What Local Officials Can Learn From International Climate Leaders

By path2positive

Strong leadership on climate change solutions can be found in cities and states throughout the US. However, valuable and innovative lessons regarding how to advance climate solutions can also be found by examining international actors. One country providing a particularly strong example of climate leadership is Sweden, where the country’s Prime Minister just pledged to transform Sweden into one of the first fossil-free states in the world.

Sweden, and its neighboring countries, have already made bold climate commitments and are planning to redouble their efforts. For instance, Sweden has set aside over $500 million for research into solar development, electric car technologies, and smart-grid infrastructure. These investments have provided a boost in capital investment to the country—a major bonus to private businesses, research institutions, and residents who see cleaner communities and greater economic opportunities.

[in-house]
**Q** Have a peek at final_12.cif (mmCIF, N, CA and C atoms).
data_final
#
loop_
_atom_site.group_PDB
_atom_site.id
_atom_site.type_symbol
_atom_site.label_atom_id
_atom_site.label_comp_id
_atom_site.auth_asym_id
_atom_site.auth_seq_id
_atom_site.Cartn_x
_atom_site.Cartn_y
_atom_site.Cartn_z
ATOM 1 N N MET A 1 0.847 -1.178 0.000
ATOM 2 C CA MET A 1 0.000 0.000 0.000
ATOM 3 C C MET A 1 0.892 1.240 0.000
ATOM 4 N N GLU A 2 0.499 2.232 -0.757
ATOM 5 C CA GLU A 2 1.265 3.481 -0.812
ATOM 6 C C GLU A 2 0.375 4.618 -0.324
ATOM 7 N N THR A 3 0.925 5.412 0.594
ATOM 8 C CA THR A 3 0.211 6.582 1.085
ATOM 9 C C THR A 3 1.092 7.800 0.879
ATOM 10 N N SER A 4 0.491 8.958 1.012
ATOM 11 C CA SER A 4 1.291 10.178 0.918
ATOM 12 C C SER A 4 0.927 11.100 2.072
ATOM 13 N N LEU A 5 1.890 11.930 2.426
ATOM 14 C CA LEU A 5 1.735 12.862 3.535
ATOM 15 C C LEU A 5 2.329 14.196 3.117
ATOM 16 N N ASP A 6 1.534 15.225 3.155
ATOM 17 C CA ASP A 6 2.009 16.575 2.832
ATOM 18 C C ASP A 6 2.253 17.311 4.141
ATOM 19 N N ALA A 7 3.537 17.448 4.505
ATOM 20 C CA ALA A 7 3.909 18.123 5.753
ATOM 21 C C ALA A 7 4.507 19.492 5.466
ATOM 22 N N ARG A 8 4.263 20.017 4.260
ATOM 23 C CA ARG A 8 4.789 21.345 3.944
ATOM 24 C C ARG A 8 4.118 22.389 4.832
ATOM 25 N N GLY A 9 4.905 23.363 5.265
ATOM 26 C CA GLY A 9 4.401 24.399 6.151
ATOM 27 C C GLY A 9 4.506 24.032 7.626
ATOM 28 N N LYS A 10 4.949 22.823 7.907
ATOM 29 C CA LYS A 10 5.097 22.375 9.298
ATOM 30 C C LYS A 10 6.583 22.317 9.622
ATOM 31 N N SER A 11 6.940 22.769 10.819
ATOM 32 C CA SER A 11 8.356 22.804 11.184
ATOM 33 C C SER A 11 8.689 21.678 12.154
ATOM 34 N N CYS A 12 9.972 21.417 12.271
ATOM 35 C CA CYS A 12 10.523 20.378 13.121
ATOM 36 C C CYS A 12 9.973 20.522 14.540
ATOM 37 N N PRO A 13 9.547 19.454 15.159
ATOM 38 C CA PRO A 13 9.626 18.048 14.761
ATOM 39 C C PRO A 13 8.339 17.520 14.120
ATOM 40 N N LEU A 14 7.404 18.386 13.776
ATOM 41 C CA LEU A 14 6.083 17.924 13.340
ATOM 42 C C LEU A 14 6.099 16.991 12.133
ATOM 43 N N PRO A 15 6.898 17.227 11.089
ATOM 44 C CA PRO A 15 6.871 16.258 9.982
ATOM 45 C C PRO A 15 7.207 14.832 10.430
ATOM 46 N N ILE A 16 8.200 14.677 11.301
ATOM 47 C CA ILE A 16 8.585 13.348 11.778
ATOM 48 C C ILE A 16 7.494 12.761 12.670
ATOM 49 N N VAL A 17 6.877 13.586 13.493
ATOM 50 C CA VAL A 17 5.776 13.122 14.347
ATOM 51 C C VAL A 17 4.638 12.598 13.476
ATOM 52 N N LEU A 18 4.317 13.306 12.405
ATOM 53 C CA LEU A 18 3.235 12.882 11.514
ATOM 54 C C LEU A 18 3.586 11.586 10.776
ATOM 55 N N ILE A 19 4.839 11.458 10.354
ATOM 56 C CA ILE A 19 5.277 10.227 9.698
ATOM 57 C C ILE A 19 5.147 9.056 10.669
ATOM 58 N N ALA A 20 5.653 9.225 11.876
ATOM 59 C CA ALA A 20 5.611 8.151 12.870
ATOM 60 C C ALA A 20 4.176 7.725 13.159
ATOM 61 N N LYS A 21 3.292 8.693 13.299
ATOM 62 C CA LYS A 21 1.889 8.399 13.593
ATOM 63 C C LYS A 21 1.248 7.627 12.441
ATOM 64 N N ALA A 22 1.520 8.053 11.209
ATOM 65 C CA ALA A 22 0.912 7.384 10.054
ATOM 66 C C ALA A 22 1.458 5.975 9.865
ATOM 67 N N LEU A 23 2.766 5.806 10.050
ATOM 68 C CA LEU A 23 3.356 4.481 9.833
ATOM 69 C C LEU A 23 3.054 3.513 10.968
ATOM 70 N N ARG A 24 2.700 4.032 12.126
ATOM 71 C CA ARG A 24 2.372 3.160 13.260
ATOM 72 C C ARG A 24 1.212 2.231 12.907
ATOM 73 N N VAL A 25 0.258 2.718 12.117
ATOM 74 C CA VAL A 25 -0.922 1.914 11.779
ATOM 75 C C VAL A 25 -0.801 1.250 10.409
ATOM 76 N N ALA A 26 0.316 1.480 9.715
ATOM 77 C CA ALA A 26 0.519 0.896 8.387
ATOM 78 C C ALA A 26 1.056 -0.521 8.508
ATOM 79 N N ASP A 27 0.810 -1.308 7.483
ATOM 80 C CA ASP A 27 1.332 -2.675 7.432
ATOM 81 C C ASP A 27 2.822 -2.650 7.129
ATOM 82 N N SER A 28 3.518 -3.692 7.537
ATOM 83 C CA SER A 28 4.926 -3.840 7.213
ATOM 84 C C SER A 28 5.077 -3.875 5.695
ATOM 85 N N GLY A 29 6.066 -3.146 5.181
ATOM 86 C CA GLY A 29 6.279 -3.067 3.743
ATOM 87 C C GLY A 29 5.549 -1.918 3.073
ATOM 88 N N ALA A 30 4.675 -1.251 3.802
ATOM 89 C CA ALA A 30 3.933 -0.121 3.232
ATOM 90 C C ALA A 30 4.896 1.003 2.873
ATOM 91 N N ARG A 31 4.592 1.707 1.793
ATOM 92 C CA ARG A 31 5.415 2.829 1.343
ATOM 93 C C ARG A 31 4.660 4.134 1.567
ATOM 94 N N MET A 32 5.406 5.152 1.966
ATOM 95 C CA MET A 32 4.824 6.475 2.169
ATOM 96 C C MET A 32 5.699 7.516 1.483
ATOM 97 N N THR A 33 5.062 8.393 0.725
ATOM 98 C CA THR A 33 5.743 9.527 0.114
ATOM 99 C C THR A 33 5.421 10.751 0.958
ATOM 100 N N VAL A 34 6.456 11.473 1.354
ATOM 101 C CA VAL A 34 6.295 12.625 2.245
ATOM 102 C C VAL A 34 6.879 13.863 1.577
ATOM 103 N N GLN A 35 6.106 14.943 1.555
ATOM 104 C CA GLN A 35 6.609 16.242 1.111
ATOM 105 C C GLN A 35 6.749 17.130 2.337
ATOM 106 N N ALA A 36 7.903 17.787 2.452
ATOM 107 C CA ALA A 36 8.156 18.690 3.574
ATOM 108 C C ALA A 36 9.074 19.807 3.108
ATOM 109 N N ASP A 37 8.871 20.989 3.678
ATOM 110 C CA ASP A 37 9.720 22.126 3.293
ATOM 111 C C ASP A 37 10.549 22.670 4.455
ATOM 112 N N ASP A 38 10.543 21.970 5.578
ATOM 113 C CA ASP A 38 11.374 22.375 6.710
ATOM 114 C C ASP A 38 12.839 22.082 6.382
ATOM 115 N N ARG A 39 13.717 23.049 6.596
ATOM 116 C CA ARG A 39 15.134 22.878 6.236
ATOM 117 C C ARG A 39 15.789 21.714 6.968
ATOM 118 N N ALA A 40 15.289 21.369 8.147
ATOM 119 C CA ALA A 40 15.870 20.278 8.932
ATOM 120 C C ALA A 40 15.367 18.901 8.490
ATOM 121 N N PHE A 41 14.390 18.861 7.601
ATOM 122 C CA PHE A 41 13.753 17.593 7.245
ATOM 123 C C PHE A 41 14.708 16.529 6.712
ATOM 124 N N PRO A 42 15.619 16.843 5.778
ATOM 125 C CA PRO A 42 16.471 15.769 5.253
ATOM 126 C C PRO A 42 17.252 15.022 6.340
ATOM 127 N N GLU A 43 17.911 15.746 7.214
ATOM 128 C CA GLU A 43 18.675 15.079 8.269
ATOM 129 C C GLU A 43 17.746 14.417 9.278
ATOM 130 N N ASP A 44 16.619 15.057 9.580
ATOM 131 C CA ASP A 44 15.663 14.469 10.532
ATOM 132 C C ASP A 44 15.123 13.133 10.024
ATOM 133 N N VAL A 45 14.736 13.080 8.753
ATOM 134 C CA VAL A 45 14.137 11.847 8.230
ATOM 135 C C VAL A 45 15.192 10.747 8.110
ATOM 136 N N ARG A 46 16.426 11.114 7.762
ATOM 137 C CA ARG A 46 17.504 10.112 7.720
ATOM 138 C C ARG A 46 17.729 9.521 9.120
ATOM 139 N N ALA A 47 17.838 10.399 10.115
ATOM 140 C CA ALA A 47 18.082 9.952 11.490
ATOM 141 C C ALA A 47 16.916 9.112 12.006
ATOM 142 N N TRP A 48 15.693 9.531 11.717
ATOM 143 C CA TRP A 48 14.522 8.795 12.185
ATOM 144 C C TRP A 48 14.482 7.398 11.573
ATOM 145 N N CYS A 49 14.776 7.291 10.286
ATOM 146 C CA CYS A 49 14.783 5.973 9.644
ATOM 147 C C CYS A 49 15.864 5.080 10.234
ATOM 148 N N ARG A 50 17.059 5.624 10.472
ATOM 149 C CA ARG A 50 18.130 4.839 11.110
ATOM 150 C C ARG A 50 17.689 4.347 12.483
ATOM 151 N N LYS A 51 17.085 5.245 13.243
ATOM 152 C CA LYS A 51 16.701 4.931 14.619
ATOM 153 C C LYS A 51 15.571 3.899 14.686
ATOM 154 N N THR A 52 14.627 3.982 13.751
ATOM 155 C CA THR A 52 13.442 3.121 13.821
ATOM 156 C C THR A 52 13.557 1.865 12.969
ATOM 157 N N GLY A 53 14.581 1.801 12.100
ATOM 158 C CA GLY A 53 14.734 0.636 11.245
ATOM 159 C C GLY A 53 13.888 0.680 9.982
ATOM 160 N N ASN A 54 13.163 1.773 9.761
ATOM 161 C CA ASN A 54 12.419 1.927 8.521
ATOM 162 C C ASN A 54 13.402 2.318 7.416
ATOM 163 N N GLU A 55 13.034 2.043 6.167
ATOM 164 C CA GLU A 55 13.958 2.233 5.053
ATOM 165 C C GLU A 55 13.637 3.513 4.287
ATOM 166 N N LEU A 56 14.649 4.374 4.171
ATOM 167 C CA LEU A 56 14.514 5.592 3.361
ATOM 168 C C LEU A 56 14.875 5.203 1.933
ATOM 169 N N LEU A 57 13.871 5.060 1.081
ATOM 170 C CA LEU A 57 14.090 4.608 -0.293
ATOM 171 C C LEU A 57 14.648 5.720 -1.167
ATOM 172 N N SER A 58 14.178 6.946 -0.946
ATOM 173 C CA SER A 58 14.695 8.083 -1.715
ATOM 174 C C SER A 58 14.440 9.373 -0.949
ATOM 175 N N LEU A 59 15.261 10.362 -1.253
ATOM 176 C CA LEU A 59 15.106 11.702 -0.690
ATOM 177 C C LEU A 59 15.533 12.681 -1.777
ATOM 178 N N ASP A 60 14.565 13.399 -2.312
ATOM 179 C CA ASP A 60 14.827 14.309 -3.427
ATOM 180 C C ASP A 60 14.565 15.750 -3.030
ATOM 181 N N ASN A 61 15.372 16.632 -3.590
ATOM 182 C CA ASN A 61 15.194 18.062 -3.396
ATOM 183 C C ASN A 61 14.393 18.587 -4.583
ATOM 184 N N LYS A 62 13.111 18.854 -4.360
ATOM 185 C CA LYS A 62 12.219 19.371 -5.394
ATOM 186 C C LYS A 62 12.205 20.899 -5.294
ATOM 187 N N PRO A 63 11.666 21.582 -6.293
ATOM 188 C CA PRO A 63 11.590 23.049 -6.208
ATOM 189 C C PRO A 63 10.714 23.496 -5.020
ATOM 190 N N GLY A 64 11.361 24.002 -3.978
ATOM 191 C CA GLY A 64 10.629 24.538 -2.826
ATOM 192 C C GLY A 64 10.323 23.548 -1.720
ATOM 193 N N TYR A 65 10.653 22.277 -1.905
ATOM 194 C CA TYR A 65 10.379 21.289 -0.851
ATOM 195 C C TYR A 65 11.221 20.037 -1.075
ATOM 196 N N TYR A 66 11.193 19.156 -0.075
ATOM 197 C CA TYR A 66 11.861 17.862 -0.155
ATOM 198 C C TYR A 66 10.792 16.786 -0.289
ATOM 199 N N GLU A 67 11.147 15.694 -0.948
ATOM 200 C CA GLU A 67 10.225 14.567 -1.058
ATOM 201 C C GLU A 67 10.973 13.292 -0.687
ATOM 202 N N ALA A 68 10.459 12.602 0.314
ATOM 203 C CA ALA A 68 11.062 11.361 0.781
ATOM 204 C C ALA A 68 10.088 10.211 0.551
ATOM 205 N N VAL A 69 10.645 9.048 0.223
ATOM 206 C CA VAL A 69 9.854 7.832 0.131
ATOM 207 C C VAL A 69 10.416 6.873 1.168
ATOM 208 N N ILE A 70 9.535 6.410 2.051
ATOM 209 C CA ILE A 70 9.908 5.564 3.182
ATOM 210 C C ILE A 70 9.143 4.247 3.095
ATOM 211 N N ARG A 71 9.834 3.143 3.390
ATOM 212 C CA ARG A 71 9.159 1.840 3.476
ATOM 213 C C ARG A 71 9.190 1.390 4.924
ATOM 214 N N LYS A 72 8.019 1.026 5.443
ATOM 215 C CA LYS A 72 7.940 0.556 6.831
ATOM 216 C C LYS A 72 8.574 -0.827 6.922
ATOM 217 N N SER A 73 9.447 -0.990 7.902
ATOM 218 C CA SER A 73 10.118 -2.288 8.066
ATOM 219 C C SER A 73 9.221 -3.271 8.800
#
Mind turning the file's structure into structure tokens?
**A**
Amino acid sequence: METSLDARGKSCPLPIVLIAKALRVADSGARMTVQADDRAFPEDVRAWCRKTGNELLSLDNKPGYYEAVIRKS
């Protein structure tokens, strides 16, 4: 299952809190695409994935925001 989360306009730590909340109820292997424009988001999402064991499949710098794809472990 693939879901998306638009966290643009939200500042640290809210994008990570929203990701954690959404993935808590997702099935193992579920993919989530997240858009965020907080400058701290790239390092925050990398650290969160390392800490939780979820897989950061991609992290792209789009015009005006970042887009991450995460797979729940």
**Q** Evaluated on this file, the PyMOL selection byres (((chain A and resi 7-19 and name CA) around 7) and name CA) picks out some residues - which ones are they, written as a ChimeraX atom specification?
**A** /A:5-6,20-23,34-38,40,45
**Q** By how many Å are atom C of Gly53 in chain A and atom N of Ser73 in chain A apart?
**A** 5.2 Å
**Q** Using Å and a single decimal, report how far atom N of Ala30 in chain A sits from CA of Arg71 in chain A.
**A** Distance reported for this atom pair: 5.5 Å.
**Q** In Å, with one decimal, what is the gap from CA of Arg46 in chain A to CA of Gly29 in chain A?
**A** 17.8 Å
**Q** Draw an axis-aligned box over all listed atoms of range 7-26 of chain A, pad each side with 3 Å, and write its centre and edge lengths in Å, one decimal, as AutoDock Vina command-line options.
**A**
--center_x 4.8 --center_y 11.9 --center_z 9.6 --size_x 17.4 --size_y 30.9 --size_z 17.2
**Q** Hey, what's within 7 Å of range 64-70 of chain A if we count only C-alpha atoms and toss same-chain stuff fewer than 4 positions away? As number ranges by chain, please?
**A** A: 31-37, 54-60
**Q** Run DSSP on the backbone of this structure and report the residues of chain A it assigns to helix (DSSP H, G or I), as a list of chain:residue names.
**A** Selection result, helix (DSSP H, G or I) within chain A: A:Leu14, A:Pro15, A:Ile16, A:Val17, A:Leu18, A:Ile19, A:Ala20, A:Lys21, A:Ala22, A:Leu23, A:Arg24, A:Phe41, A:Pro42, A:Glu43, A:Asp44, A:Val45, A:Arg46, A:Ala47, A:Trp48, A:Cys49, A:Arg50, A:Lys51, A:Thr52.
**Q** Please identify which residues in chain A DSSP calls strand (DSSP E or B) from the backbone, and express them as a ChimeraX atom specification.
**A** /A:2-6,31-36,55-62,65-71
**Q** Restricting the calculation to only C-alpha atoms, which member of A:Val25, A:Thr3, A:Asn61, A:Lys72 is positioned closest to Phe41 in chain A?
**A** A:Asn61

Sweden’s announcement is just one in a series of bold new commitments made by a growing list of countries in the run-up to the UN COP-21 climate talks. Their example shows that the first step in climate leadership is making the decision to act. While certain goals and targets may seem out of reach, mayors do their communities a service by striving to make environmental investments throughout their city—providing better economic opportunities and increasing the living standard of their residents. Find out how your city can begin this journey by checking out Path to Positive Communities.


Sweden on Target to Become First Fossil Fuel-Free Nation on Earth

By Leon Kaye | Triple Pundit | October 8, 2015

Sweden’s Prime Minister Stefan Löfven recently declared at the U.N. General Assembly that his nation of 10 million people would become “one of the first fossil-free welfare states in the world.”

His announcement comes at a time when 146 nations have made promises to reduce their carbon emissions with the COP21 talks in Paris starting next month. Löfven and his government have made a bold statement that has prompted many commentators to ask: How on earth this could this happen, if ever?

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